Lesson Plans: Grades 9-12

Lesson 1: What Are the Qualities of a Good Military Leader?


The Lesson


Washington Crossing the Delaware by Emanuel Leutze (battle of Trenton).

Washington Crossing the Delaware by Emanuel Leutze (battle of Trenton).

Credit: Courtesy of American Memory at the Library of Congress.

George Washington's early military career (1754–1758)—during the Seven Years' War—was not uniformly successful. In his first battle, he and his men were ambushed and forced to surrender Fort Necessity on the Pennsylvania frontier. Washington's reputation for leadership and courage was based on his actions in another defeat at the hands of the French. In that battle, at Fort Duquesne (1755, often called the "Battle of the Wilderness" or "Braddock's Defeat"), Washington had two horses shot from under him and eventually had to assume command from the mortally wounded General Edward Braddock. Washington led the surviving British and Colonial soldiers on a successful retreat.

Later (1775–1783), Washington would lead the Patriots to a surprising victory over Great Britain, "the best-trained, best-equipped fighting force in the Western world. … Although he lost most of his battles with the British, year after year he held his ragtag, hungry army together"—from the EDSITEment resource The American President.

What combination of experience, strategy, and personal characteristics enabled Washington to succeed as a military leader?

Guiding Questions

  • What qualities made George Washington an effective military leader?
  • How were the responsibilities of the Commander-in-Chief affected by conditions during the Revolutionary War?

Learning Objectives

  • List qualities they believe made George Washington an effective military leader.
  • List some practical lessons Washington may have learned from his early military experiences.
  • Discuss some difficulties Washington faced as Commander-in-Chief.
  • Discuss how Washington responded to the difficulties he faced as the leader of the Continental Army.
  • Give examples of Washington's leadership during one or more Revolutionary War battles.
  • Summarize briefly the Newburgh Conspiracy.
  • Describe Washington's response to the Newburgh Conspiracy.

Preparation Instructions

  • Review the lesson plan. Locate and bookmark suggested materials and other useful websites. Download and print out documents you will use and duplicate copies as necessary for student viewing.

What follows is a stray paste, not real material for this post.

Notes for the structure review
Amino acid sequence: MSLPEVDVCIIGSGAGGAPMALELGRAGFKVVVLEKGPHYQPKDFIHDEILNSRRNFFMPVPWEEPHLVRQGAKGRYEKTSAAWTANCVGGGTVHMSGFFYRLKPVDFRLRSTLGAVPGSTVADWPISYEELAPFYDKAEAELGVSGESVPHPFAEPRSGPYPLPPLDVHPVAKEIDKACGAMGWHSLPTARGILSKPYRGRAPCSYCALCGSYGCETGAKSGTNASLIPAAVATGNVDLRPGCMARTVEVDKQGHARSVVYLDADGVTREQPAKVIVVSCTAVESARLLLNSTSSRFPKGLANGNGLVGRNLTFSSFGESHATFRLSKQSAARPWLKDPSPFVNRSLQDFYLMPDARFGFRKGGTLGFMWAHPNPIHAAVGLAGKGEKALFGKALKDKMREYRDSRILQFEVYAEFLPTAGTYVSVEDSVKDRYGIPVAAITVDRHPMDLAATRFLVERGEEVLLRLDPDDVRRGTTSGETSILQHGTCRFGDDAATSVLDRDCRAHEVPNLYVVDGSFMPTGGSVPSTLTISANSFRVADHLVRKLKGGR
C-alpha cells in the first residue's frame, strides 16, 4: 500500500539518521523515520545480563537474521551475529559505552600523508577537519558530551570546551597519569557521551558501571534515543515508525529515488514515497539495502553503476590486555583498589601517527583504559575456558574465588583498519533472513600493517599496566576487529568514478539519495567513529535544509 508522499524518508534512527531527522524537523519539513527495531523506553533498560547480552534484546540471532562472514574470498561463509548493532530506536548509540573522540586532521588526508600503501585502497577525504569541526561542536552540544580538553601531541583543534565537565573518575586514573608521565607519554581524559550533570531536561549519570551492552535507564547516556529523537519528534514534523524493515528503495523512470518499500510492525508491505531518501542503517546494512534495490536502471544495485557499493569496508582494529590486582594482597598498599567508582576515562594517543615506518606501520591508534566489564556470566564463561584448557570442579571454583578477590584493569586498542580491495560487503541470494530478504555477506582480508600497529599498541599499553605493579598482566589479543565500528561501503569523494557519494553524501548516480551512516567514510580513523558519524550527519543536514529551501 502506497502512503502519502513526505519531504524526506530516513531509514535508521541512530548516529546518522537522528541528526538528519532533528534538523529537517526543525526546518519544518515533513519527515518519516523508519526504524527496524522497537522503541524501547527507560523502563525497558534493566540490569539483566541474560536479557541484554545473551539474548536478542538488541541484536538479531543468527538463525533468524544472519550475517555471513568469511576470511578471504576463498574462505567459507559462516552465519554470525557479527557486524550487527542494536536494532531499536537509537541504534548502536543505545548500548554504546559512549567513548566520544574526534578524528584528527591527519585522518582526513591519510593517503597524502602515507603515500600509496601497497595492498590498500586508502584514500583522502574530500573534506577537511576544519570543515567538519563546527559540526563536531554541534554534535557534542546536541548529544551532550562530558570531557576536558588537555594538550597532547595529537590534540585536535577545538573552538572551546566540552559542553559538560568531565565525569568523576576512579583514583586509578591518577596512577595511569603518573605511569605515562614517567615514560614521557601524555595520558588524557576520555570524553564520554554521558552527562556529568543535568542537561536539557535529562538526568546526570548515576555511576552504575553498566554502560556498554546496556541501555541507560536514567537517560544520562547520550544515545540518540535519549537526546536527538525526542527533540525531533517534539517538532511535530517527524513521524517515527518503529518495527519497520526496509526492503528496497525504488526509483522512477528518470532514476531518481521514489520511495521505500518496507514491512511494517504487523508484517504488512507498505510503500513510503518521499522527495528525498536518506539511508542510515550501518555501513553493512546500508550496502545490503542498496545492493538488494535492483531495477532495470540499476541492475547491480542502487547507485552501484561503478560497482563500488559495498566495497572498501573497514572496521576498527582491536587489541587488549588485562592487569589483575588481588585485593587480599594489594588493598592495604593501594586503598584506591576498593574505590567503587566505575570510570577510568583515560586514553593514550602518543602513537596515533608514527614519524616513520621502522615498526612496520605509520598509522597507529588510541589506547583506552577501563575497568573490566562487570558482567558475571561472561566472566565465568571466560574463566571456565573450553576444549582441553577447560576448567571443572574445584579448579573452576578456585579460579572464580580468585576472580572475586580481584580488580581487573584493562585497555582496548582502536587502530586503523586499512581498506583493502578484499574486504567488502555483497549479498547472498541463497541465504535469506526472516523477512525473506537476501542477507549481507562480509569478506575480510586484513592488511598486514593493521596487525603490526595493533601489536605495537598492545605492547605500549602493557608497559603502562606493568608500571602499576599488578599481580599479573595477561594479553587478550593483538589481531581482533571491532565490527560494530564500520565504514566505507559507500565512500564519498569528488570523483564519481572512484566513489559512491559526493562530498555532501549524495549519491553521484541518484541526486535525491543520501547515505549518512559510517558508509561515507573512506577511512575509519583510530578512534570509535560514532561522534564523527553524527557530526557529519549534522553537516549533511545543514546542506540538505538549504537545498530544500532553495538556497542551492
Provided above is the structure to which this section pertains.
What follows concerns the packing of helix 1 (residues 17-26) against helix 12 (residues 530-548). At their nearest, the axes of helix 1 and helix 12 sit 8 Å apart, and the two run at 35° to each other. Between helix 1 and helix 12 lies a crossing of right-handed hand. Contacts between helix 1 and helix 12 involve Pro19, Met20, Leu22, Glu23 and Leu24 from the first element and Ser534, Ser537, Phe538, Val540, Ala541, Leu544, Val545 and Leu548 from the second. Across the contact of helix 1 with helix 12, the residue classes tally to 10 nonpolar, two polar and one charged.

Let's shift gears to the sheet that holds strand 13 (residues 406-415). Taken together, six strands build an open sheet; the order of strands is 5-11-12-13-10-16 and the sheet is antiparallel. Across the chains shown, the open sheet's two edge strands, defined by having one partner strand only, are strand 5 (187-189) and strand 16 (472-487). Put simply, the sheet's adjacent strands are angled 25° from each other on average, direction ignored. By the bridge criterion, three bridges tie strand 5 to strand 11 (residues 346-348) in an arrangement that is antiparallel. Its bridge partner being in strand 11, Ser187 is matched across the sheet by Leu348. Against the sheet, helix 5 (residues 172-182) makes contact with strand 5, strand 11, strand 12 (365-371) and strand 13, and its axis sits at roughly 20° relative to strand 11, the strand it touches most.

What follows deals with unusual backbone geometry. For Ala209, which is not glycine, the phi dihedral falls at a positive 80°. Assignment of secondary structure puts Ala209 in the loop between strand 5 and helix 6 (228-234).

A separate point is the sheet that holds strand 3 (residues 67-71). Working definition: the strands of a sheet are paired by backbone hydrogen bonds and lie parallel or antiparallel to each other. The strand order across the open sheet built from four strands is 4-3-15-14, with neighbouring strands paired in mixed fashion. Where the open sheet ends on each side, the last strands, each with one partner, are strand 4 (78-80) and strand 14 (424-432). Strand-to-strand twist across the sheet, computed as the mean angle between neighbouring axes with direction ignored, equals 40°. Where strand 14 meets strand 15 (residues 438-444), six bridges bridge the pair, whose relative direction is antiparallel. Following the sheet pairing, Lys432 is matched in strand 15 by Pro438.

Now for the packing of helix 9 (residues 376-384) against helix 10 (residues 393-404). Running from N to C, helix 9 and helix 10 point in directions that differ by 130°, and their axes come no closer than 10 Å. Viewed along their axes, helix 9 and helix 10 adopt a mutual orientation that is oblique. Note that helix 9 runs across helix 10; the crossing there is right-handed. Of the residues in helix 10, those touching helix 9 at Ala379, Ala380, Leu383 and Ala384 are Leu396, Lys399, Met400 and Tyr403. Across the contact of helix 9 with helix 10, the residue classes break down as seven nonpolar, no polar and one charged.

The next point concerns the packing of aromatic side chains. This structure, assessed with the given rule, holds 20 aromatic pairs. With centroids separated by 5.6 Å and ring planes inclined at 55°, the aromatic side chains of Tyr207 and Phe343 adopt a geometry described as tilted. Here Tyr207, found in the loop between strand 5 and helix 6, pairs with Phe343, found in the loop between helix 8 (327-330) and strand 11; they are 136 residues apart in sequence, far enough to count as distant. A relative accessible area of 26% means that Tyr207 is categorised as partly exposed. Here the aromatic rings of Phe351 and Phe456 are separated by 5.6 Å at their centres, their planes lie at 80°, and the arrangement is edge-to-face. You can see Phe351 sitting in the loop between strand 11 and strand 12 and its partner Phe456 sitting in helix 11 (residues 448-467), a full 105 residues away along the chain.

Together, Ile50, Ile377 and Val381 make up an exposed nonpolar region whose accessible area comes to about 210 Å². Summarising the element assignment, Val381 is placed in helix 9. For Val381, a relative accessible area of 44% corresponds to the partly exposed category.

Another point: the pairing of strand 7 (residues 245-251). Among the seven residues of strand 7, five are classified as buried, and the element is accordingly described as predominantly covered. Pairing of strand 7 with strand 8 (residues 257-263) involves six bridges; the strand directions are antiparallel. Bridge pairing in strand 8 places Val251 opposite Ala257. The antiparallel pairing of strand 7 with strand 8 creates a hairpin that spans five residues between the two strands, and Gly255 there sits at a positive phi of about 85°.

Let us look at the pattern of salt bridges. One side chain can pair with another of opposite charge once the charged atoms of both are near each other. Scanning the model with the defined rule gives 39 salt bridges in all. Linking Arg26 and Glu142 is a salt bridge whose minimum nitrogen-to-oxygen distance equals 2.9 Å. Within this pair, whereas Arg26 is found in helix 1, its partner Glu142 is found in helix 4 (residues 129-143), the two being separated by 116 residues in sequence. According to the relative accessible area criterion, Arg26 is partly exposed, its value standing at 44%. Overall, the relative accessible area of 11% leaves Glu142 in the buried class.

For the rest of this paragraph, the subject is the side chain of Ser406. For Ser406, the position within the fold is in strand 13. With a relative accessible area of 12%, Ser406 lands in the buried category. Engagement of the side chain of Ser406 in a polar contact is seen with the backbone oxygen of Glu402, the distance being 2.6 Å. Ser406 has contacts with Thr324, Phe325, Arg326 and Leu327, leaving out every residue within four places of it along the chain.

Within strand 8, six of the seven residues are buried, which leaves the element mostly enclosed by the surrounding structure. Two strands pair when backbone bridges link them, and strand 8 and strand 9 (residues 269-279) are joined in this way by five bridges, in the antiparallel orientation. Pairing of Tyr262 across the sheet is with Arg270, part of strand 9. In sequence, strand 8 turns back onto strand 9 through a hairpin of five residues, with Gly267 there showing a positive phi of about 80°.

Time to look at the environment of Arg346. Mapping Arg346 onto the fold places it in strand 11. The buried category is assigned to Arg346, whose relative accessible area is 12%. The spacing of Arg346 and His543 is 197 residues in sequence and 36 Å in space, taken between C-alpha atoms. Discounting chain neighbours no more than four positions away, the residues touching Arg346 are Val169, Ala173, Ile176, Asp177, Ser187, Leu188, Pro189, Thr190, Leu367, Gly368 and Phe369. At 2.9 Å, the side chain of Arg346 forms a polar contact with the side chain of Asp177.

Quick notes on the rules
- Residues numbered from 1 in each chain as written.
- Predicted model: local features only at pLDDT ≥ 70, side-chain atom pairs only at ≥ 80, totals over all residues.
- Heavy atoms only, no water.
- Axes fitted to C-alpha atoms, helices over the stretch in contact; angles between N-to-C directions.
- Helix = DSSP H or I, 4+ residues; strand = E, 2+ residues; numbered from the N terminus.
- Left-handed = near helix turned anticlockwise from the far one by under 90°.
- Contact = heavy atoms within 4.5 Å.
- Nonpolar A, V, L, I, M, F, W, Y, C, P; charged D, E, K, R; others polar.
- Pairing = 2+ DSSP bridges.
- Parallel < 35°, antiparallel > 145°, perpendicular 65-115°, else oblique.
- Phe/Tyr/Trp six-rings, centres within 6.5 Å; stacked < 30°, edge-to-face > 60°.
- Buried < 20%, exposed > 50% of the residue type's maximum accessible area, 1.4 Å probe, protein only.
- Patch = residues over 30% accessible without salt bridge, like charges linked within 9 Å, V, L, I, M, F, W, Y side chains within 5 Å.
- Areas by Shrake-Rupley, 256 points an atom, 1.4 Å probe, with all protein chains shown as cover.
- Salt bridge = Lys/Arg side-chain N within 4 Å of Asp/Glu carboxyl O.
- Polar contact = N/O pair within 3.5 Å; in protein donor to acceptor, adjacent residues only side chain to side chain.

• Download the Master PDF. Print out and make an appropriate number of copies of any handouts you plan to use in class.

Lesson Activities

Activity 1. Washington's Early Military Career

Share with the class a brief summary of Washington's early military career with the Virginia Regiment, starting in 1753, such as the account in Life Before the Presidency on the EDSITEment-reviewed website The American President. Begin reading at the words "Lawrence had commanded a local militia" and end with the words "the farm he had inherited from his half-brother Lawrence." (For a more detailed account of Washington's early military career read George Washington: Making of a Military Leader.) After students have read these documents, use the following discussion questions to guide their review of the material:

  • In Washington's early military career, up to his first retirement in 1758, was he beginning to show the leadership qualities that would serve him well later?
  • What mistakes did Washington make?
  • What experiences did Washington have that were likely to be useful later?
  • What successes and failures did Washington have?
  • What did Washington appear to have learned already from his successes and failures?

Now read with the class the letter from the 1st Virginia Regiment to George Washington, December 31, 1758, given to Washington upon his retirement from military service. If desired, read instead the Address of the Officers of the Virginia Regiment Excerpt.

  • What qualities of Washington's leadership does the letter cite as particularly commendable?
  • Which of the qualities cited match an item on Socrates' list?
  • Are the students convinced that the men signing the petition are sincere or do the students think they were simply flattering Washington? What do the students rely on as the basis for their position?
Activity 2. What Makes a Good Military Leader?